The sensory components of these reflexes are neurons of the general somatic afferent (GSA) and general proprioceptive (GP) systems. These systems are described in Chapter 9. These sensory neurons consist of a dendritic zone (receptor) in the skin or neuromuscular spindle and an axon that courses through a specific peripheral nerve, spinal nerve, and dorsal root and enters the spinal cord dorsal gray column of the corresponding spinal cord segment. Here it usually terminates in a telodendron on a dendritic zone of a second neuron, whose cell body is located in the dorsal gray column (Fig. 5-6). The cell body of the GSA or GP neuron initially stimulated is located in the spinal ganglion at the lateral aspect of the dorsal root.
The patellar reflex (see Fig. 5-6) is a tendon reflex that is composed of only two neurons. The sensory neuron terminates directly on the GSE neuron in the ventral gray column without involving a synapse on a second neuron in the gray column. The peripheral sensory neuron of the flexor, or withdrawal spinal reflex, has its telodendron on an interneuron in the gray matter that in turn terminates on a GSE neuron in the ventral gray column.
For these spinal reflexes to function, they need only the peripheral nerve components and their associated spinal cord segments. They will still function when these segments have been cut off and isolated from the rest of the CNS. For example, if you examined a dog 2 days after it had been hit by a car, which fractured the thirteenth thoracic vertebra and transected the thirteenth spinal cord segment, the spinal reflexes in the pelvic limbs and perineal region would still function because there was no direct disturbance to the spinal cord segments and peripheral nerves involved with these reflexes. In order to interpret these spinal reflexes properly it is vital to understand their anatomic components (Table 5-1). This is critical to making an accurate anatomic diagnosis of peripheral nerve and spinal cord disorders.
The lumbosacral plexus innervates the muscles that are involved with pelvic limb movement and the cutaneous region of the pelvic limb. The sacral plexus innervates the muscles and skin of the perineal region. The lumbosacral plexus is widespread, with most of it located in the hypaxial muscles associated with the lumbar and sacral vertebrae. In most animals it includes ventral branches of all the lumbar and sacral nerves. Most of the named peripheral nerves are formed in the hypaxial muscles or close to them. The pelvic limb spinal reflexes test the femoral nerve and the sciatic nerve with its peroneal and tibial nerve branches.
The patellar tendon reflex is the only reliable tendon reflex and the only one that I (Alexander de Lahunta) test in my examinations. Both the sensory and motor components are in the femoral nerve. The femoral nerve is formed from the spinal nerves of the L4, L5, and L6 spinal cord segments (Fig. 5-7). The L5 segment makes the largest contribution to this nerve.141 The L6 segment may not contribute to this nerve in some dogs. The patient should be held in lateral recumbency and must be relaxed. This reflex cannot be tested in a struggling patient. Lightly strike the patellar tendon with a blunt instrument. A pediatric patellar hammer or pleximeter is the most satisfactory instrument for veterinarians, but the handle of a pair of scissors will work as well. In my experience (Eric Glass) the pediatric pleximeter is especially useful in cats and small dogs, but a larger pleximeter or heavy bandage scissors may be more reliable in large dogs such as German shepherds. This will elicit a brief extension of the stifle if all components of the femoral nerve are functioning. We usually grade the response as normal (+2), depressed (+1), or brisk (+3). The response is called clonus if, with one stimulation, repetitive stifle extensions occur. The paw will appear to tremor. There are degrees of clonus but we do not find them to be of much help in prognosis. Occasionally, this patellar reflex will not be present in the nonrecumbent limb but will be present when the dog is rolled over and you test the reflex when that limb is on the recumbent side. We do not know the reason for this but have learned never to record that the reflex is absent until it has been tested in both positions. Be aware that this reflex may be depressed or even absent in some old dogs that have no other recognizable neurologic abnormality.87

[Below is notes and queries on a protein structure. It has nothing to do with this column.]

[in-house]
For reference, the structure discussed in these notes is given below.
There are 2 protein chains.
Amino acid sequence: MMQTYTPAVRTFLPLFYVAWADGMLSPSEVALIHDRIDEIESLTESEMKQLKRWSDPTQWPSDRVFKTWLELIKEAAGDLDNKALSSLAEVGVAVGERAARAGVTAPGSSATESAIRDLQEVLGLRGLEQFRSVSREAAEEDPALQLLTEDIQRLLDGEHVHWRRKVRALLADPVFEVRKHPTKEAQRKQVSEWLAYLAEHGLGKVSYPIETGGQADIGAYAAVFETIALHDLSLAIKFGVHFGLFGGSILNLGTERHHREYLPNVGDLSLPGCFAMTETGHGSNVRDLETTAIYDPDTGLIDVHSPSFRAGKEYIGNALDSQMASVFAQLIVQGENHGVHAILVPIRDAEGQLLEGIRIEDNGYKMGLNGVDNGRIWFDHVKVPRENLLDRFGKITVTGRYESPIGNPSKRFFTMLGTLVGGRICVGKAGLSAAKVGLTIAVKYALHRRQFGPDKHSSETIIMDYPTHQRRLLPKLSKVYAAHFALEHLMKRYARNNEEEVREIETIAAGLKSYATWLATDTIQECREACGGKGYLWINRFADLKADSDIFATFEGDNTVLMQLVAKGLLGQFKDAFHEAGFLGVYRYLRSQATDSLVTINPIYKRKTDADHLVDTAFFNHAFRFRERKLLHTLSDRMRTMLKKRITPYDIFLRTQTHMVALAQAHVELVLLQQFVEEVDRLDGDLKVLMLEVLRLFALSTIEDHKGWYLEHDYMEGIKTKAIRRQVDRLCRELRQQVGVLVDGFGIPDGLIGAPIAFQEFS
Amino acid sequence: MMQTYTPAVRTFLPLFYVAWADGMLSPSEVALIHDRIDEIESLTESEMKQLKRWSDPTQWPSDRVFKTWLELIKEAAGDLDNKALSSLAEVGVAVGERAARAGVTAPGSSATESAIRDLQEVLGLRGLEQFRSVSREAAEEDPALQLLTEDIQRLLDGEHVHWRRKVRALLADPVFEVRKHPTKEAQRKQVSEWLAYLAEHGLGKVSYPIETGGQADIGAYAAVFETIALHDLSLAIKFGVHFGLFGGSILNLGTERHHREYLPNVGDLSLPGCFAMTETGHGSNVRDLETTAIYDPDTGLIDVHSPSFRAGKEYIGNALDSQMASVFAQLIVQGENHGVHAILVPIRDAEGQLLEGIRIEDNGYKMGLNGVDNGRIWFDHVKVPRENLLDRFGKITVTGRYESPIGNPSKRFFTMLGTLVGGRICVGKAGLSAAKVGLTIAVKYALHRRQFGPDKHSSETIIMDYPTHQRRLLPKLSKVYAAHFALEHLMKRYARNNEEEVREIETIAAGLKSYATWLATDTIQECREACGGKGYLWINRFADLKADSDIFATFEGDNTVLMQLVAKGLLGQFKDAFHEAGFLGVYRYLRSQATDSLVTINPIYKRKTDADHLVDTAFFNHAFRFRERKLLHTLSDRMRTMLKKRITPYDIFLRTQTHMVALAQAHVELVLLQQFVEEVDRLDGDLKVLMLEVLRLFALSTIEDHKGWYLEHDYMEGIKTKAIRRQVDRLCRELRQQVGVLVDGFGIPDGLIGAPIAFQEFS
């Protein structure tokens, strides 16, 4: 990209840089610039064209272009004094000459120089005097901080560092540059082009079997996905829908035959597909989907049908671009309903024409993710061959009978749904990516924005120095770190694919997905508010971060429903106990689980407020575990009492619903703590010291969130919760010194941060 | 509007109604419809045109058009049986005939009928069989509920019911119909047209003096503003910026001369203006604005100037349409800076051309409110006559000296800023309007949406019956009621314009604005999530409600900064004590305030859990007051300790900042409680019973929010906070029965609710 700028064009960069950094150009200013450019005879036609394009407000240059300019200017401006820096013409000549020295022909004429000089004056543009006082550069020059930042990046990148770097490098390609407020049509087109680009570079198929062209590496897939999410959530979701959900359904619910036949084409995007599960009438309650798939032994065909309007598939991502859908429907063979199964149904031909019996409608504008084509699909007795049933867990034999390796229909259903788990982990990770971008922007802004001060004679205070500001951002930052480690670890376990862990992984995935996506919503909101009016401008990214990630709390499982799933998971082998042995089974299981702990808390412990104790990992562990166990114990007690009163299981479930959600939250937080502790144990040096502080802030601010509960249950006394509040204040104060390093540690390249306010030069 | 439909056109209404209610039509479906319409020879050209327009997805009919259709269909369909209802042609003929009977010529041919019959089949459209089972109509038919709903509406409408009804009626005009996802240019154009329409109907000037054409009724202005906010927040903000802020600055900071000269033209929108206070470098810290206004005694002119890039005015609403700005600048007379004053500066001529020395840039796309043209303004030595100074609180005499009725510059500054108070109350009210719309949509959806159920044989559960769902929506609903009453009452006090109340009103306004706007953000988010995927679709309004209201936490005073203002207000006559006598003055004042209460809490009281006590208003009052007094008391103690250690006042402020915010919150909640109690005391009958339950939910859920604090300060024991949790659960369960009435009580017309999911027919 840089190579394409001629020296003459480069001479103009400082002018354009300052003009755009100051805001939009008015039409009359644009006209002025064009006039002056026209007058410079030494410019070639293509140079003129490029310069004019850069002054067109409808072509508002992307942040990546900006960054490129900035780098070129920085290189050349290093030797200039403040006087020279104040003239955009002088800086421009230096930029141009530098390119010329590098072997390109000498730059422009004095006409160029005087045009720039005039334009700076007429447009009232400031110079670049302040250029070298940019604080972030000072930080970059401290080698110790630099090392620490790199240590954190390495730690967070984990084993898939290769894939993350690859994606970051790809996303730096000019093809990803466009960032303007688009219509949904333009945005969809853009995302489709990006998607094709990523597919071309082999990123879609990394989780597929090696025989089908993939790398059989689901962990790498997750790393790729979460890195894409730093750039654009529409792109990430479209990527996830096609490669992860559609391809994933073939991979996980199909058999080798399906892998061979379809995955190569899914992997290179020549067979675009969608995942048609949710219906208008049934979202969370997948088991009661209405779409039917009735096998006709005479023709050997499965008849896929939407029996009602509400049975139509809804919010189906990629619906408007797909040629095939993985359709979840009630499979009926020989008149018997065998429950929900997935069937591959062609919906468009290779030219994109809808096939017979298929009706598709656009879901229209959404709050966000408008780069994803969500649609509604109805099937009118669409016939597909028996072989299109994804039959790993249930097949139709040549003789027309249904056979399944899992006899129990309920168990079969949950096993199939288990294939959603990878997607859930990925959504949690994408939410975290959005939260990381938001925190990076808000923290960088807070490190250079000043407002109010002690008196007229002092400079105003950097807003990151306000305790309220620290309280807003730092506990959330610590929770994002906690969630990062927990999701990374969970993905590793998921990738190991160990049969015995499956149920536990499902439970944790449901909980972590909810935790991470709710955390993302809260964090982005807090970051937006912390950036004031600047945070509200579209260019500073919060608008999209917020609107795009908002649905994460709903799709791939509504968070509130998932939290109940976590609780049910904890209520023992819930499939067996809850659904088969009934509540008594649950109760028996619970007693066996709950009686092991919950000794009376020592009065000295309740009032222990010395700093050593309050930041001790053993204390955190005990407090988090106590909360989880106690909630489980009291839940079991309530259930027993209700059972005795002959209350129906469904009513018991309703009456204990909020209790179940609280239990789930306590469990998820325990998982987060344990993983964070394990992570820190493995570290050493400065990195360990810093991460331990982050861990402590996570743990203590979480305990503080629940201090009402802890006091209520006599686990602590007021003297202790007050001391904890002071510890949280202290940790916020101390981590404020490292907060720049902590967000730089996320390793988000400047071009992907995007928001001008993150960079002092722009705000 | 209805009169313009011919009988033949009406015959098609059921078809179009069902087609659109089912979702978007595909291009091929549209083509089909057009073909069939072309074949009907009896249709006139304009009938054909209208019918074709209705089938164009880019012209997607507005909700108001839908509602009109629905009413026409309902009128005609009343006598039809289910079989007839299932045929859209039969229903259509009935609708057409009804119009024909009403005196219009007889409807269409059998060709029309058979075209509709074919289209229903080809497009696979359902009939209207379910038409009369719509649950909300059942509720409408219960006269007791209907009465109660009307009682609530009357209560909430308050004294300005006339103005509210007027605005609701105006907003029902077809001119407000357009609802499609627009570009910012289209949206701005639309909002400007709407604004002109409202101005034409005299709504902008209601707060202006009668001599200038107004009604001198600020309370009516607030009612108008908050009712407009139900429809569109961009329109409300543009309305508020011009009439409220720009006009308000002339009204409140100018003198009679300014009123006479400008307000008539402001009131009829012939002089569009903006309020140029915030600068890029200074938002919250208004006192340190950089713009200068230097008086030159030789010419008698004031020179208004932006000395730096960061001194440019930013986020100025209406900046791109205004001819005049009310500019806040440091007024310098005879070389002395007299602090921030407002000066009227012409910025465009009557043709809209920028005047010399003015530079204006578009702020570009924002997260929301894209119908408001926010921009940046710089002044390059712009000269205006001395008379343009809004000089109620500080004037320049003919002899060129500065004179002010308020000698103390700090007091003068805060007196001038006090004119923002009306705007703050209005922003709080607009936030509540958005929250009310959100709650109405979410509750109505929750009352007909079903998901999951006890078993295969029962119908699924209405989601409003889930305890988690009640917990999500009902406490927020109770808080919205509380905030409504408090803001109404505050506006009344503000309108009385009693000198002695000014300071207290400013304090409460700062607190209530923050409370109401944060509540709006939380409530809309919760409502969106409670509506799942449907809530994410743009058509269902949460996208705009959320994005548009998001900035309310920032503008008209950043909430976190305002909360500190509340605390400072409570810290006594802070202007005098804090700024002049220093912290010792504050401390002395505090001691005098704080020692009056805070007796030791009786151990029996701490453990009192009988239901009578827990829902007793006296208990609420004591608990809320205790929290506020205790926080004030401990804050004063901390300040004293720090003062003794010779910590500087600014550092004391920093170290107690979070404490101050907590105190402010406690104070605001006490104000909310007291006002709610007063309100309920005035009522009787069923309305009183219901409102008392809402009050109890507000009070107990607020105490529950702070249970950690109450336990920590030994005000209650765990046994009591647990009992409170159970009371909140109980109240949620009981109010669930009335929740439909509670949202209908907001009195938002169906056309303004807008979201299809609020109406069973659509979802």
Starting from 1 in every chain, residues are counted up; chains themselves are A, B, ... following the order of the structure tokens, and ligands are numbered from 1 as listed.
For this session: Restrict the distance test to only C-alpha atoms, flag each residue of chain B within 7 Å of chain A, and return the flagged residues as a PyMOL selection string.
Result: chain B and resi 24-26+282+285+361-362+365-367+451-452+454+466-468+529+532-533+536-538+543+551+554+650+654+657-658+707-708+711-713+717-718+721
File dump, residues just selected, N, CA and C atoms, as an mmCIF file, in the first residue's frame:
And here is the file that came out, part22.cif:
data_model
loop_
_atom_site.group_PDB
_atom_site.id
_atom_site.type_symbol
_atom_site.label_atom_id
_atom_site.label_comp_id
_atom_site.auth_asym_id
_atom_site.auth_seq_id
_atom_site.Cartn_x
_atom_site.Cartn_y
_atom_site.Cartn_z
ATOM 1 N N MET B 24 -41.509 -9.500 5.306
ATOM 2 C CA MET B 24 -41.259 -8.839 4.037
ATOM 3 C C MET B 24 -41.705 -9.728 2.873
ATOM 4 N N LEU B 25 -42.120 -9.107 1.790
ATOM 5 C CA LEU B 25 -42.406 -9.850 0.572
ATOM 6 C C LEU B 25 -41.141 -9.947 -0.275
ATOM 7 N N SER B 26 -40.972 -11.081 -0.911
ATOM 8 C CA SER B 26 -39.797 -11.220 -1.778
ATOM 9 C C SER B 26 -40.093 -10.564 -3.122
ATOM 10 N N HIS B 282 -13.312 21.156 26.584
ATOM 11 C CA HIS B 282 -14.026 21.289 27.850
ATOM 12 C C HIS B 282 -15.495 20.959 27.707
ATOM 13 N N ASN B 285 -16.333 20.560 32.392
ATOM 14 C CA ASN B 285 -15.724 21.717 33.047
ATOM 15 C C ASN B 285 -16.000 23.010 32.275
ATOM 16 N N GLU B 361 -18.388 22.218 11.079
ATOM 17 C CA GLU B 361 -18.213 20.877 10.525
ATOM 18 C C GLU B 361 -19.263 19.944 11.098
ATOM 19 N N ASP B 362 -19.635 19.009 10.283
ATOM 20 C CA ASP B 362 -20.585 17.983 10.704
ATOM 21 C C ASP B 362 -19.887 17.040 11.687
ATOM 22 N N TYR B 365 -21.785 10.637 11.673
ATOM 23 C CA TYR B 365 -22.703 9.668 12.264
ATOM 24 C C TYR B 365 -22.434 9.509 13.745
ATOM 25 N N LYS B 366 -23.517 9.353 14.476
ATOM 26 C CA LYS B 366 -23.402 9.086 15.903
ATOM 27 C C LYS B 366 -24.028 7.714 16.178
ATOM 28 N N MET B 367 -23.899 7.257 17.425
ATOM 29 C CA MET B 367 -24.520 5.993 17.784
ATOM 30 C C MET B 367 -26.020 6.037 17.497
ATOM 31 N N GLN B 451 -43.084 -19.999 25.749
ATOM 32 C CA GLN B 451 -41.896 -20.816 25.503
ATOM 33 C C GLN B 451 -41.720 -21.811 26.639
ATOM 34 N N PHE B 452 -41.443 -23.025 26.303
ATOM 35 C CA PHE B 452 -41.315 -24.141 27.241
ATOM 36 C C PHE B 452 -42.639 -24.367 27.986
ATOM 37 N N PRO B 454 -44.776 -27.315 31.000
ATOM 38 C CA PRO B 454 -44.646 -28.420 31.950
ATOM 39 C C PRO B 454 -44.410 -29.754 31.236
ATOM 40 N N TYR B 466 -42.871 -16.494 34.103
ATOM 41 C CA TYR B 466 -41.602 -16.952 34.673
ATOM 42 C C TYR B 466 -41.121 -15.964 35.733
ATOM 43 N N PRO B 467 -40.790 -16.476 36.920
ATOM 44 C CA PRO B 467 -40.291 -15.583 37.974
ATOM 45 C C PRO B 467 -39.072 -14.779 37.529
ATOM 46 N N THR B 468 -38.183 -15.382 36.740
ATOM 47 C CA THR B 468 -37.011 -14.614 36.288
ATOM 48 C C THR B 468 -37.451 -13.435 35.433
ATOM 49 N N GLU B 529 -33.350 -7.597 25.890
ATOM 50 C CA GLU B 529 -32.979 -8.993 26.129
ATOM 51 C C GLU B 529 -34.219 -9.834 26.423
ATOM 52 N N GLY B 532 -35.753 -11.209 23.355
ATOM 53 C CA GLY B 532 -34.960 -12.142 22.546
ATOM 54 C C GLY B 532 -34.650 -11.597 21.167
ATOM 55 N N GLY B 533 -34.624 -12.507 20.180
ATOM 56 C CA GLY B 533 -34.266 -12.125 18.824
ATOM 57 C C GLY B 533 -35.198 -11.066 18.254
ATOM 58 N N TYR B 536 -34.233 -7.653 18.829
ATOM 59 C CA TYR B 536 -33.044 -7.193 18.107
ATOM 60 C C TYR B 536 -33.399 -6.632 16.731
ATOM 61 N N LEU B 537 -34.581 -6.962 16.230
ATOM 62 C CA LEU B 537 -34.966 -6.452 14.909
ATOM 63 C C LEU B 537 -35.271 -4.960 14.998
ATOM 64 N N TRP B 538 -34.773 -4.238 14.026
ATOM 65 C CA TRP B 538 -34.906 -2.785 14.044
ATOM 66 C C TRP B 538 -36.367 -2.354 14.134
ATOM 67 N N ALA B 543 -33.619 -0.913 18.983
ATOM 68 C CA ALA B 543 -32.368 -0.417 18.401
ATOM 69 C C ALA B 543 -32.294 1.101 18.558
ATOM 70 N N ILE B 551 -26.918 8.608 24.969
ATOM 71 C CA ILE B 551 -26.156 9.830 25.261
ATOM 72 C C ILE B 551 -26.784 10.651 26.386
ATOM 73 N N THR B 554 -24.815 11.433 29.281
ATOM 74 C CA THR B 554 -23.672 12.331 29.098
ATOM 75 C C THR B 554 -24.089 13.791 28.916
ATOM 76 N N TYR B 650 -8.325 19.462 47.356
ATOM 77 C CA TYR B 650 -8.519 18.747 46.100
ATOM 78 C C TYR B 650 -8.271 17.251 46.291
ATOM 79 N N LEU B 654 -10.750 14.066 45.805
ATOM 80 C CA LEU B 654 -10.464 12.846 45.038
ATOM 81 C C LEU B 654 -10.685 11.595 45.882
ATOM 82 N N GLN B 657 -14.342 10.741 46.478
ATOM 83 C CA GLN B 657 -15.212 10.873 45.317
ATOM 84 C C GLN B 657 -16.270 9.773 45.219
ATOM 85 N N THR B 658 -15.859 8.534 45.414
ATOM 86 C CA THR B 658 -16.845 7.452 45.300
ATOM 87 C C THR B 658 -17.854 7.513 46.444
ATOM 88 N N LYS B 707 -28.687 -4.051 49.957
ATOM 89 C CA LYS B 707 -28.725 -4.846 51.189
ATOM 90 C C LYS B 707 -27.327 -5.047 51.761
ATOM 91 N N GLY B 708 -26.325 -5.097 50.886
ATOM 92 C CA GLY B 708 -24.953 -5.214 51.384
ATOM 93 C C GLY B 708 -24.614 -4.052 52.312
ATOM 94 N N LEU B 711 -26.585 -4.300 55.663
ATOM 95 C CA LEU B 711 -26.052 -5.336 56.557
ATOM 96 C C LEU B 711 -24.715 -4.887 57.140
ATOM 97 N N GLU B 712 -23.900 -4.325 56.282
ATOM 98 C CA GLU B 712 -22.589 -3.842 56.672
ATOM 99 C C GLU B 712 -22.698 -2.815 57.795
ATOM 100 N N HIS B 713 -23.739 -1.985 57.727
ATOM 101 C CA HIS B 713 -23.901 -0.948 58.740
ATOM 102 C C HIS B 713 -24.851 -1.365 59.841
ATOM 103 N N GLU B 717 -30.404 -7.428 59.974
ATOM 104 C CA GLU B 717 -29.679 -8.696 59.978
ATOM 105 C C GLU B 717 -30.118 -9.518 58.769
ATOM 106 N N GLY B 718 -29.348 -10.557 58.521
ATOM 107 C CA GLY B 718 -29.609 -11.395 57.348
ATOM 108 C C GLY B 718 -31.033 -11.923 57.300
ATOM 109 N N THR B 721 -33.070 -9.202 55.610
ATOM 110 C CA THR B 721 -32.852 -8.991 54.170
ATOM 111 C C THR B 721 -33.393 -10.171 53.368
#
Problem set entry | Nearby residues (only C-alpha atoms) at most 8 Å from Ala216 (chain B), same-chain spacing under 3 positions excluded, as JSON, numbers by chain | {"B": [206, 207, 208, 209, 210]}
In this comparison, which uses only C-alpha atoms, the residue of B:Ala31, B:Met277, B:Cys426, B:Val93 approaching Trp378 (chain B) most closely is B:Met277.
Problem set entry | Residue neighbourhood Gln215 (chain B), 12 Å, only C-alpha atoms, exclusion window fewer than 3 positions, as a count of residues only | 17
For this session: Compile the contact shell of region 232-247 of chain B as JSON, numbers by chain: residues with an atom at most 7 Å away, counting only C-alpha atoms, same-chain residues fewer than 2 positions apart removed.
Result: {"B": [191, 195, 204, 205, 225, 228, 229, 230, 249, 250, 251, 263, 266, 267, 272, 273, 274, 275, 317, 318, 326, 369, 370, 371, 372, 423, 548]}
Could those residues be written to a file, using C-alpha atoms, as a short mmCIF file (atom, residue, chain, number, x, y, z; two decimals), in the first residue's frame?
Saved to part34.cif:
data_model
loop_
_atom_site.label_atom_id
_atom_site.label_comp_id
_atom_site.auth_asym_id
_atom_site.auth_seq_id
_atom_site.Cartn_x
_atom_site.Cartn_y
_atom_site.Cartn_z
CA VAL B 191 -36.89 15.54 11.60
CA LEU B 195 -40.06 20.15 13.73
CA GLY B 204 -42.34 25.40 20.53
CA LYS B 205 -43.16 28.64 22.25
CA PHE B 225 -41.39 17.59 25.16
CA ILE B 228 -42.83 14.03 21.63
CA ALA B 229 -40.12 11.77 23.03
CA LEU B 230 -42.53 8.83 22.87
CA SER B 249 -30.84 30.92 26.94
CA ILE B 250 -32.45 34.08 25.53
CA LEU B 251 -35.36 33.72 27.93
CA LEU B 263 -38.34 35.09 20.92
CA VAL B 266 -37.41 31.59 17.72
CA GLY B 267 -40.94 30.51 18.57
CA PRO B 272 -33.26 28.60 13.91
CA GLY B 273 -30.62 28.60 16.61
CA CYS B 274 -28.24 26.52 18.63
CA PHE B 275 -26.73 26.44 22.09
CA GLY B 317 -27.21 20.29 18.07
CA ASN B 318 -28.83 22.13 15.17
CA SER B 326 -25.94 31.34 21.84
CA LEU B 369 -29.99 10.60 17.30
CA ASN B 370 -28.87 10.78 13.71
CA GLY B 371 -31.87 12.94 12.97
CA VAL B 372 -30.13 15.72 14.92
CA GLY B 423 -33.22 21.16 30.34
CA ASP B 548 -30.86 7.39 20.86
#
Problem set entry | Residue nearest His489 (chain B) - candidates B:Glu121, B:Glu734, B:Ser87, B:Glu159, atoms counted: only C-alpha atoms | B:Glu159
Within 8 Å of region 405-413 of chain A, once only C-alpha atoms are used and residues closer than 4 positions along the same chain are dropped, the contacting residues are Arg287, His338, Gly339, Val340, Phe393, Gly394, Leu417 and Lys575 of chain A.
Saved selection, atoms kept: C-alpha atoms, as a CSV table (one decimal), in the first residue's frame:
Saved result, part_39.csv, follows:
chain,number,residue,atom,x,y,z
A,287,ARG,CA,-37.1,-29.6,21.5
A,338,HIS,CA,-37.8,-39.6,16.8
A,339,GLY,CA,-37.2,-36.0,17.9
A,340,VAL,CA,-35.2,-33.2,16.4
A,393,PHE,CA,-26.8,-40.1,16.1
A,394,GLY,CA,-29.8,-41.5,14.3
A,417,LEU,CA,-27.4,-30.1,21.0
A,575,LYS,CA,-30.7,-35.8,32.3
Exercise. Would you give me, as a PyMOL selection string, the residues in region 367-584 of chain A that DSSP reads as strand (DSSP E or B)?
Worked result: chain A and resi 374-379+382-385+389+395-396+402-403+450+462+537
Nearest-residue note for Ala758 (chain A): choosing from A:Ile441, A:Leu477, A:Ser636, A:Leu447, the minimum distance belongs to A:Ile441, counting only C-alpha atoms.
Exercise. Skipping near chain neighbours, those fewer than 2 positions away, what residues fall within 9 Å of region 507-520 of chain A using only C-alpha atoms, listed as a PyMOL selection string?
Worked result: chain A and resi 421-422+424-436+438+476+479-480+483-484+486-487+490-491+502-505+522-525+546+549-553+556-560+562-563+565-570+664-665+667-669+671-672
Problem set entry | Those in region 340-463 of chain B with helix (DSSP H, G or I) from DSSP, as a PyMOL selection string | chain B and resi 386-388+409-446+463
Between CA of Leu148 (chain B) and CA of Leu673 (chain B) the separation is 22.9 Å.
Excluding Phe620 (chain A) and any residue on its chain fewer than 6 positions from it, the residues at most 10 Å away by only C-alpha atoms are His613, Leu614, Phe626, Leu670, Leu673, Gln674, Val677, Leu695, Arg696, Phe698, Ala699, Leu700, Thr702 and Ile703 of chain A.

The flexor or withdrawal reflex in the pelvic limb is a test primarily for the sciatic nerve and its spinal cord segments L6, L7, and S1. Within the sciatic nerve, the neurons that will be associated with the peroneal nerve tend to be components of the L6 and L7 spinal cord segments, and those associated with the tibial nerve are components of the L7 and S1 segments. The S2 components innervate primarily muscles in the pelvis that do not participate in this test or in the animal’s posture or gait. The sensory component of the reflex depends on the area of skin that is stimulated. In a routine exam, the skin at the base of the claw of the fifth digit is compressed using a pair of forceps. Finger pressure can be used but is not always sufficient, in our experience. This area of skin is innervated by cutaneous branches of the peroneal nerve dorsally and by the tibial nerve on the plantar surface. The motor response is a flexion of all the joints in the limb to withdraw the limb from the stimulus. Except for the hip, flexion of the pelvic limb is a function of the GSE components of the sciatic nerve. The major flexor muscle of the hip is the iliopsoas, which is innervated by all the lumbar spinal nerve ventral branches, with a contribution caudally from the femoral nerve. The latter also innervates the rectus femoris, which is the one component of the quadriceps muscle that flexes the hip. Because of this anatomy, a patient with complete sciatic nerve dysfunction will have no reflex if the fifth digit is stimulated, but if the first digit is stimulated, the hip will flex to pull the limb away from the stimulus but the rest of the joints will not flex. The first digit usually receives its cutaneous innervation from the saphenous nerve branch of the femoral nerve. Be sure to look for this disparity. The same strong hip flexion in the absence of any flexion in the other joints will occur with severe but not complete sciatic nerve dysfunction when the fifth digit is stimulated. As a rule, there is more clinical evidence of loss of the motor function with some preservation of the sensory function in a partially compromised peripheral nerve.